The Board of Supervisors, acting as directors of the San Francisco County Transportation Authority (SFCTA), voted 8-3 yesterday to put a $10 vehicle registration fee increase on the November ballot, a measure that would raise $5 million yearly for congestion mitigation, street and road resurfacing, pedestrian safety and improved transit.
The fee increase was made possible when the governor signed SB 83 (Hancock) in late October, which has compelled county congestion management agencies to debate the merits of an increase. According to SB 83, any county could raise the vehicle registration fee by $10 dollars, so long as the money was spent on programs for congestion and pollution mitigation. The SFCTA’s expenditure plan would allocate the $5 million to street resurfacing (50 percent), pedestrian safety (25 percent) and transit technology improvements (25 percent).
Surprisingly, the three "no" votes were from supervisors traditionally very supportive of transit: David Chiu, John Avalos and Eric Mar. Those supervisors raised numerous concerns about the measure, most notably that it would not raise much money and that it would compete with other significant tax measures that might be on the ballot. $5 million is a drop in the bucket compared to the San Francisco Municipal Transportation Agency’s more than $700 million annual budget, they argued, and would amount to few improvements on the street.
"I personally think this is the wrong time to do it," said Chiu. "We only have a few shots at new revenue. I think if
we’re going to place anything on the ballot, we have to put on tax
measures that result in real revenues for the general fund needs, not a
measure that will provide us pennies on the dollar for congestion and
pollution mitigation projects."
Chiu said the ballot was already crowded and adding another tax measure with limited impact could make it harder to pass the other measures, such as his small business payroll tax initiative. Chiu also pointed to a bill State Senator Mark Leno is pushing in Sacramento that would raise the vehicle licensing fee to 2 percent and would likely bring in an excess of $30 million per year to San Francisco coffers starting in 2012.
John Avalos concurred with Chiu’s policy analysis and said this fee increase could poison the well for the other measures, including his property transfer tax initiative. "It seems like a little bit of money that could sour the greater need to have other sources of revenue pass on the ballot," he said. "If we have five tax measures there’s a chance they may all go down."
A portion of the anger expressed by the dissenting supervisors likely had to do with how the SFCTA staff had proceeded with a poll to gauge public support for the measure, which showed a 62 percent favorable rating. Supervisor Chiu was angry the poll, conducted by EMC Research, compared the registration fee to his measure and the other potential measures and, in his estimation, asked slanted questions.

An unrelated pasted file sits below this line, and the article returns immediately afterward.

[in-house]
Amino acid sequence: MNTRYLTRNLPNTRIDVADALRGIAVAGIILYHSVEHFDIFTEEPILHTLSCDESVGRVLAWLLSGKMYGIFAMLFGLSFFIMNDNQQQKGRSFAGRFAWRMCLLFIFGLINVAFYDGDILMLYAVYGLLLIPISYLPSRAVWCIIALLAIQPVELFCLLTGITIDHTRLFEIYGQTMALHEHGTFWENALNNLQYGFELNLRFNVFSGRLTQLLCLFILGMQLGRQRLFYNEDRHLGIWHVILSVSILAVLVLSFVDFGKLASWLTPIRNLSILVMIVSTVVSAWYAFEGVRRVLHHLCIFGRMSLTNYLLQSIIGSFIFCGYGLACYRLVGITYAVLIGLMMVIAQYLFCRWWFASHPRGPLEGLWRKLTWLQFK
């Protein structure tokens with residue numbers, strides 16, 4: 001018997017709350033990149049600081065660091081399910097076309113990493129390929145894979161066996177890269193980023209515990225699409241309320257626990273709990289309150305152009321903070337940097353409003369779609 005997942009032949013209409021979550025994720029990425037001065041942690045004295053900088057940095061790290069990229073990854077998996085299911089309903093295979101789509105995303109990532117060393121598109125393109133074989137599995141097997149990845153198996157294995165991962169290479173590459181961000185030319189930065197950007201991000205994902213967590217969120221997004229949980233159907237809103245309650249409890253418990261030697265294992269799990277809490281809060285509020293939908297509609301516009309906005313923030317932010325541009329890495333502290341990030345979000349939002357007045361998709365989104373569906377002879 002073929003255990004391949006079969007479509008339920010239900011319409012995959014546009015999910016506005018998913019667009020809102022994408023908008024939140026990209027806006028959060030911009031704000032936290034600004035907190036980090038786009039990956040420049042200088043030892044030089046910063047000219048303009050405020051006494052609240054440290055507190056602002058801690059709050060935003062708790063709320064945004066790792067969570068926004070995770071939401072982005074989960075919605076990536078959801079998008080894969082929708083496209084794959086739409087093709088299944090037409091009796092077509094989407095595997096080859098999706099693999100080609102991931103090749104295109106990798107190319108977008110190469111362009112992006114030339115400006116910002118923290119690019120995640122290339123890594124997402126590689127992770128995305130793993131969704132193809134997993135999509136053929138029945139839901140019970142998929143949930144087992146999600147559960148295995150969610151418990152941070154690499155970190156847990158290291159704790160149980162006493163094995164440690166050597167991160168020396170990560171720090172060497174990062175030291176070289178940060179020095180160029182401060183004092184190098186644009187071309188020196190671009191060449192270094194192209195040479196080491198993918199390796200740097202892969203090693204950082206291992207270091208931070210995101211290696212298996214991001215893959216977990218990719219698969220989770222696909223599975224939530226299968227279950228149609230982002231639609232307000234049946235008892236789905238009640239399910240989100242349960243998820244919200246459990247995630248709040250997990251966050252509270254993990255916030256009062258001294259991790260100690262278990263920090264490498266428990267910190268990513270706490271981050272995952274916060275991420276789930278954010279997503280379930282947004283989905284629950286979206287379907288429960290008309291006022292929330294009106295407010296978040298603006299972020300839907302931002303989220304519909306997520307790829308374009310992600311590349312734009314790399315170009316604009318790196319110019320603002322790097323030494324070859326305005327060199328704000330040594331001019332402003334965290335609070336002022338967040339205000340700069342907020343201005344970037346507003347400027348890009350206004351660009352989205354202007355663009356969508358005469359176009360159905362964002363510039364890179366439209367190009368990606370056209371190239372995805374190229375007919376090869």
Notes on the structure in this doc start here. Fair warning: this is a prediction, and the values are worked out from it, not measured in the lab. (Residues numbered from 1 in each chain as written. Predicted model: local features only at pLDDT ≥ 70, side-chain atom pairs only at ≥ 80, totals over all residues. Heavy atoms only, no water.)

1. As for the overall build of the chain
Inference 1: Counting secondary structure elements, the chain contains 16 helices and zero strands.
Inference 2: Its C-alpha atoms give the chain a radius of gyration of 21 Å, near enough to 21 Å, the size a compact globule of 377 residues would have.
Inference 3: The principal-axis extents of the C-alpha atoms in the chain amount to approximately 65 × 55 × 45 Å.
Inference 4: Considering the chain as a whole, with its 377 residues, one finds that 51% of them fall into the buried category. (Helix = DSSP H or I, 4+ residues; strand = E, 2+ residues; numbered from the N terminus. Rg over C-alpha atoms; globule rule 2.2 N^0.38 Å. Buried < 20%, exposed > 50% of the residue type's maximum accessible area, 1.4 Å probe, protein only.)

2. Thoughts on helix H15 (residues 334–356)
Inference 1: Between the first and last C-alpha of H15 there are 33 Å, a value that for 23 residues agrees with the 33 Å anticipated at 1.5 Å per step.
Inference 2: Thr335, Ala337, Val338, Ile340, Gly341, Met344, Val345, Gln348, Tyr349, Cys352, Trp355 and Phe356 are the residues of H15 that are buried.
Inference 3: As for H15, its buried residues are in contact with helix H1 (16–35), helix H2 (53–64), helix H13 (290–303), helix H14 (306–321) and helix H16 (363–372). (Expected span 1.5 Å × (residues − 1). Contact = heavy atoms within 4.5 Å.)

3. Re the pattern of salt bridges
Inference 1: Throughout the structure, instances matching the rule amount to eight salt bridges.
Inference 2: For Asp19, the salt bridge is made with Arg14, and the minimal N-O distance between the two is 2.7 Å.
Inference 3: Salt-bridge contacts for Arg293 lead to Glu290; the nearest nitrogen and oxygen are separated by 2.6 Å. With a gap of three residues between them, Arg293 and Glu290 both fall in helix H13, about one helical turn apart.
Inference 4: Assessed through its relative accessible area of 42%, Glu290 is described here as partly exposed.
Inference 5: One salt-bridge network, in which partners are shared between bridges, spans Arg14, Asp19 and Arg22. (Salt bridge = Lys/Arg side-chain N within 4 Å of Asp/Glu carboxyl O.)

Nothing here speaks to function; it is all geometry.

"I think most of these questions are incredibly biased," said Chiu. "The poll was frankly looking for
results before they got them."
"It’s clear this was an instrument that had a
specific design in mind and I don’t think it furthers what we want to
further in the city," he added.
Jose Luis Moscovich defended the SFCTA’s approach and said similar polls in the other eight Bay Area counties considering a vehicle registration fee compared the fee measure against other potential ballot initiatives. SFCTA’s legal council also put to rest the contention that polling with public money was illegal, saying instead the action had distinct legal precedence.
Moscovich said Napa County was the only Bay Area county to opt out of considering the measure, but the unified focus from the other county congestion management agencies was significant. Moscovich noted that Santa Clara, Alameda, Marin and San Mateo counties had already voted to put the measure on the ballot and Contra Costa County would be voting on it next week.
"The benefit of having the transportation community focused on this in this manner and in a joint effort is that it takes away any consideration of competitive advantage from one county to another for not having this thing permanently imposed," he said. "The other big benefit is that there would be an awareness around the region about this being the first transportation revenue source authorized by the state in almost 20 years."
Supervisor Bevan Dufty gave a ringing endorsement of the fee increase and focused his comments on the impacts of poor paving on the city’s bottom line. "We know that every year our city pays enormous claims to people who are injured because of the conditions on our streets and roadways, bicyclists and others who are injured because the state has taken away so much of the resources that we have traditionally had to improve our roadways," he said.
"This is the first time in a decade we’ve had an opportunity to dedicate a funding source for the programs we work so hard and our staff works so hard to implement and oversee."